Labour shortages are biting right across the economy. Vacancies are higher in almost every sector than before the pandemic.
And it’s a myth to think this is a fleeting concern – it’s both a short and long-term issue. It won’t sort itself out when the Government’s furlough scheme comes to an end. And it’s putting our economic recovery at risk.
This wasn’t part of the plan. For months, Northern Irish businesses have been raring to go, to unleash potential held back by coronavirus restrictions and make up for lost time. I think we’ve all been looking forward to seeing step changes in the way things are done, to finally shake off the lacklustre productivity that has weighed us down for the past decade.
Yet the current labour shortages are seeing some firms’ output dropping by some 10% or 15%, manufacturing lead times doubling, house builds slowing, opening hours shortening and customer deliveries turning up late.
The shortages are at multiple skill levels. They’re also becoming increasingly visible to consumers, with fewer product lines on the shelves of supermarkets across the UK. Everyone can see something’s not quite right.
Alongside a steady stream of anecdotes from businesses, our regular CBI surveys are adding a quantitative element to the picture. In July, a third of manufacturers were concerned that a lack of skilled labour would limit output in the quarter ahead – the highest share since the mid-1970s. In August, nearly half of consumer services firms were concerned that labour shortages would limit investment in the year ahead – the highest share on record.
It’s not just us. The UK’s Food and Drink Federation found that 70% of businesses are currently short of drivers. And this is where the bidding war for recruits seems most acute. Signing on bonuses are becoming commonplace even for short-term contracts. And that kind of inflation is hitting our smaller businesses hard.
We’re also hearing reports from NI businesses across all industries and sectors of acute labour and skill shortages – with many manufacturers currently sitting on increased vacancy levels.
We need to work hard and act fast to find the solution
There are existing levers in the UK’s control which can be pulled - like placing drivers, welders, butchers and bricklayers on the Shortage Occupation List. This could make a real difference. The Government promised an immigration system that would focus on the skills we need rather than unrestrained access to overseas labour.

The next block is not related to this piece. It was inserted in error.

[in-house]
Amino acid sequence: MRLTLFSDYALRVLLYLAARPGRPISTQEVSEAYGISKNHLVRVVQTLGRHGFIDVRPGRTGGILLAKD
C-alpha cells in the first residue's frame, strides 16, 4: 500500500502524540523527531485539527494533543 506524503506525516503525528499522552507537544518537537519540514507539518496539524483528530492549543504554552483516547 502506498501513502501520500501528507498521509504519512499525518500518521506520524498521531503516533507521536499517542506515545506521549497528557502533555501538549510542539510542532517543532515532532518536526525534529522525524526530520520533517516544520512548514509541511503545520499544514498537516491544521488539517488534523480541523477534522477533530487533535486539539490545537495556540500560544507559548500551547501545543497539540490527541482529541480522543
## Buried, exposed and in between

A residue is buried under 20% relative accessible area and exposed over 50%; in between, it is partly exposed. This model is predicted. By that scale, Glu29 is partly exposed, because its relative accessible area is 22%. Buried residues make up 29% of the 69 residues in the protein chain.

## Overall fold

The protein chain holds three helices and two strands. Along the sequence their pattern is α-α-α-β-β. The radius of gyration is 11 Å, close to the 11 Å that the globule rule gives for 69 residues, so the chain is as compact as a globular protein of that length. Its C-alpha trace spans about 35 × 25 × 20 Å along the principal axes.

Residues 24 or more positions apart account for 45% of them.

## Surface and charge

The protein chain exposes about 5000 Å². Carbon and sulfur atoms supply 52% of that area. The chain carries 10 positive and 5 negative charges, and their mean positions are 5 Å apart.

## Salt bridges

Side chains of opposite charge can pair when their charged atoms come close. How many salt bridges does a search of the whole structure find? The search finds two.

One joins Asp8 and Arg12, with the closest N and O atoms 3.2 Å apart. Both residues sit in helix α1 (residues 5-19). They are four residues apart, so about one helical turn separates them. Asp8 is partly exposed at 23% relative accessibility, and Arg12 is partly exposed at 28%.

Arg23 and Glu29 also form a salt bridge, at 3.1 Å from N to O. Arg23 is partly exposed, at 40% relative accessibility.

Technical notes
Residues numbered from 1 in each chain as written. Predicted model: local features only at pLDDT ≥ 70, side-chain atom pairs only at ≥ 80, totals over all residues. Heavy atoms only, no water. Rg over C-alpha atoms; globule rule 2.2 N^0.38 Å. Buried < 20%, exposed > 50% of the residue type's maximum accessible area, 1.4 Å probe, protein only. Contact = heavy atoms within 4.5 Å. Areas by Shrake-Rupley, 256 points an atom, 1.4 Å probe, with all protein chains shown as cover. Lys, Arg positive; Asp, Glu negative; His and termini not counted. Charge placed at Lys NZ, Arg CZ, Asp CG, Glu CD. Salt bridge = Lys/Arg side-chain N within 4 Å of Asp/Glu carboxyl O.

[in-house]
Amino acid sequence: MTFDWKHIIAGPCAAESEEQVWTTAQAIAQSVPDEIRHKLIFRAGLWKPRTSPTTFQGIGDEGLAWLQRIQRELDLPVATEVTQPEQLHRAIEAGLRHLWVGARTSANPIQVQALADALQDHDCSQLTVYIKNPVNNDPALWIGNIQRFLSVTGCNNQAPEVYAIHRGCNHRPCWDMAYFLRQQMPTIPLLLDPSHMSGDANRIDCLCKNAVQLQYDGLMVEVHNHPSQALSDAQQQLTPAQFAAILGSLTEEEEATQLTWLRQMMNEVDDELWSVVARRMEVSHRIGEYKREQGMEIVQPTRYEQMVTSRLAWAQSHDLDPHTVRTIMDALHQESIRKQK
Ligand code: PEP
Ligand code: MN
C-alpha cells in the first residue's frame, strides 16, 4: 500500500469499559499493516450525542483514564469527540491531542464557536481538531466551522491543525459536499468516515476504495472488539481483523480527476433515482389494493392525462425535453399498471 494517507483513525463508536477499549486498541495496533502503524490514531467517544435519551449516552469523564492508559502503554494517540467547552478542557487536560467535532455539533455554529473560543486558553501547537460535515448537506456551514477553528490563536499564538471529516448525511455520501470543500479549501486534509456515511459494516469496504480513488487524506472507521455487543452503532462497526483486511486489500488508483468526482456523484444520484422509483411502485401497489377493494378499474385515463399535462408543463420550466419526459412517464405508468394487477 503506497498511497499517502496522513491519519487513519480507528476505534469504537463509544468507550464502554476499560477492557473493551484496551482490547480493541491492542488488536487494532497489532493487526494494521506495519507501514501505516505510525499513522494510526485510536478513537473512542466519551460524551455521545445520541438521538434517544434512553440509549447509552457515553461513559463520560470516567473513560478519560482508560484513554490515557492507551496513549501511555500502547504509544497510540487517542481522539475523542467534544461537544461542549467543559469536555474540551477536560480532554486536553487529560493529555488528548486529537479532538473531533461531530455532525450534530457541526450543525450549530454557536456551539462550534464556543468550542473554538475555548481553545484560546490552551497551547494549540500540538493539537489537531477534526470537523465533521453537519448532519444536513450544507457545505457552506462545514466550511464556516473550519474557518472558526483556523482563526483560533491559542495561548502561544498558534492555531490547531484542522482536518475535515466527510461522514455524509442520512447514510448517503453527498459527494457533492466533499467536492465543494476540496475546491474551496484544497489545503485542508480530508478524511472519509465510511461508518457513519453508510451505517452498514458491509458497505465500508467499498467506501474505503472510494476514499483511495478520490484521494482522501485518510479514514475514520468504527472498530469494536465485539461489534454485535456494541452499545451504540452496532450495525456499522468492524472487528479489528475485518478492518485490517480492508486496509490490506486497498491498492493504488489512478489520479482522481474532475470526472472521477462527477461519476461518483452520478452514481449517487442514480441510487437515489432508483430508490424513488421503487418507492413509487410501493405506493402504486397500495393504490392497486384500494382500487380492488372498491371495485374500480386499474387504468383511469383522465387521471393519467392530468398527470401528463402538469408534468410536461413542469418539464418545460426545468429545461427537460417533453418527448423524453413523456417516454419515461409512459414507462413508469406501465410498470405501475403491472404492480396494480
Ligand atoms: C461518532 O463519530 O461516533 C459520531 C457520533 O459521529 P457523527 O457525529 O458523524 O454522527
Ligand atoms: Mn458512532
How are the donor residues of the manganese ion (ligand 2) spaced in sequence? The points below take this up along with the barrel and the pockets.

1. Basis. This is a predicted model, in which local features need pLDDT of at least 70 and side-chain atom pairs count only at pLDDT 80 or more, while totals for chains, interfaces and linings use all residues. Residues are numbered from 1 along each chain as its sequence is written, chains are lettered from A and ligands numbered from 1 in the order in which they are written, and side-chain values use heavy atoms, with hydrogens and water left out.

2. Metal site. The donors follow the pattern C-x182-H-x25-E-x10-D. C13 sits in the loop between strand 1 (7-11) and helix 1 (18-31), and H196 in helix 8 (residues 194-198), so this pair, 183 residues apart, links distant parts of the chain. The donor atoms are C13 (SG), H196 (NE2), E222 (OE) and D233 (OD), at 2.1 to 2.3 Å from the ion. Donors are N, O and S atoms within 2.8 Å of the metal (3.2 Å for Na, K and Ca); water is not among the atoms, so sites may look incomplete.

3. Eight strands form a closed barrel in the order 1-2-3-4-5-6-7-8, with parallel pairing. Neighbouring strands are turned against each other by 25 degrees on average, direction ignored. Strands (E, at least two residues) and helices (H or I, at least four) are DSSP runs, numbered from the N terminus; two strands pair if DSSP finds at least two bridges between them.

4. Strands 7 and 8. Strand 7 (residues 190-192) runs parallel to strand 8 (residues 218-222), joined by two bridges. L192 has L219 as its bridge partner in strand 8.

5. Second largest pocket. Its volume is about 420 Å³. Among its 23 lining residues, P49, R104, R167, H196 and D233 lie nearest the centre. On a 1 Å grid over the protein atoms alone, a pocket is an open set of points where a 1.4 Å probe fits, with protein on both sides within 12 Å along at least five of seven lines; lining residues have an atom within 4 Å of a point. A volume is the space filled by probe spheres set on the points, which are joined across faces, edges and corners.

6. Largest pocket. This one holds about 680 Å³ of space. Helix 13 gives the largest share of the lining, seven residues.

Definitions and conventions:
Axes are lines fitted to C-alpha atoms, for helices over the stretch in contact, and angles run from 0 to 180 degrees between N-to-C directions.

But ultimately, I firmly believe the solution lies in a long-term economic model, in which we seize the moment and embrace the chance we’ve had to take stock of our strengths and weaknesses and to act on them. The Government’s ambition that the UK should become a more highly skilled and productive economy is right. It will drive better business performance, wages and living standards for everyone. But there is no short cut to the finishing line. This transformation requires a sustained partnership between business, Government and the Executive to deliver it.
Firms need time to adjust to any new immigration system. It needs them to double down on investment as soon as their Covid-ravaged balance sheets allow. It urgently needs them to upskill their workers and train new, UK-based recruits.
But that all takes time, particularly in Northern Ireland, where firms continue to compete on an all-island basis without unfettered access to the European labour market.
Companies also need the Government to give them the breathing space to deliver on the commitments that so many of them have already made – in designing new apprenticeships, developing new training schemes and opening their doors to new talent pools.
Our members suggest their initiatives could take a couple of years to come to fruition. Our economic recovery can’t wait that long. If the Government deployed a few temporary and targeted interventions, using training funds and visas, it will help us jump the hurdles right in front of us.
There is no shame in a quick fix when it clears the path to greater things. Like building on that long-term plan to make sure we have the skilled workers we need for the kind of jobs – the kind of economy – we want in the future.
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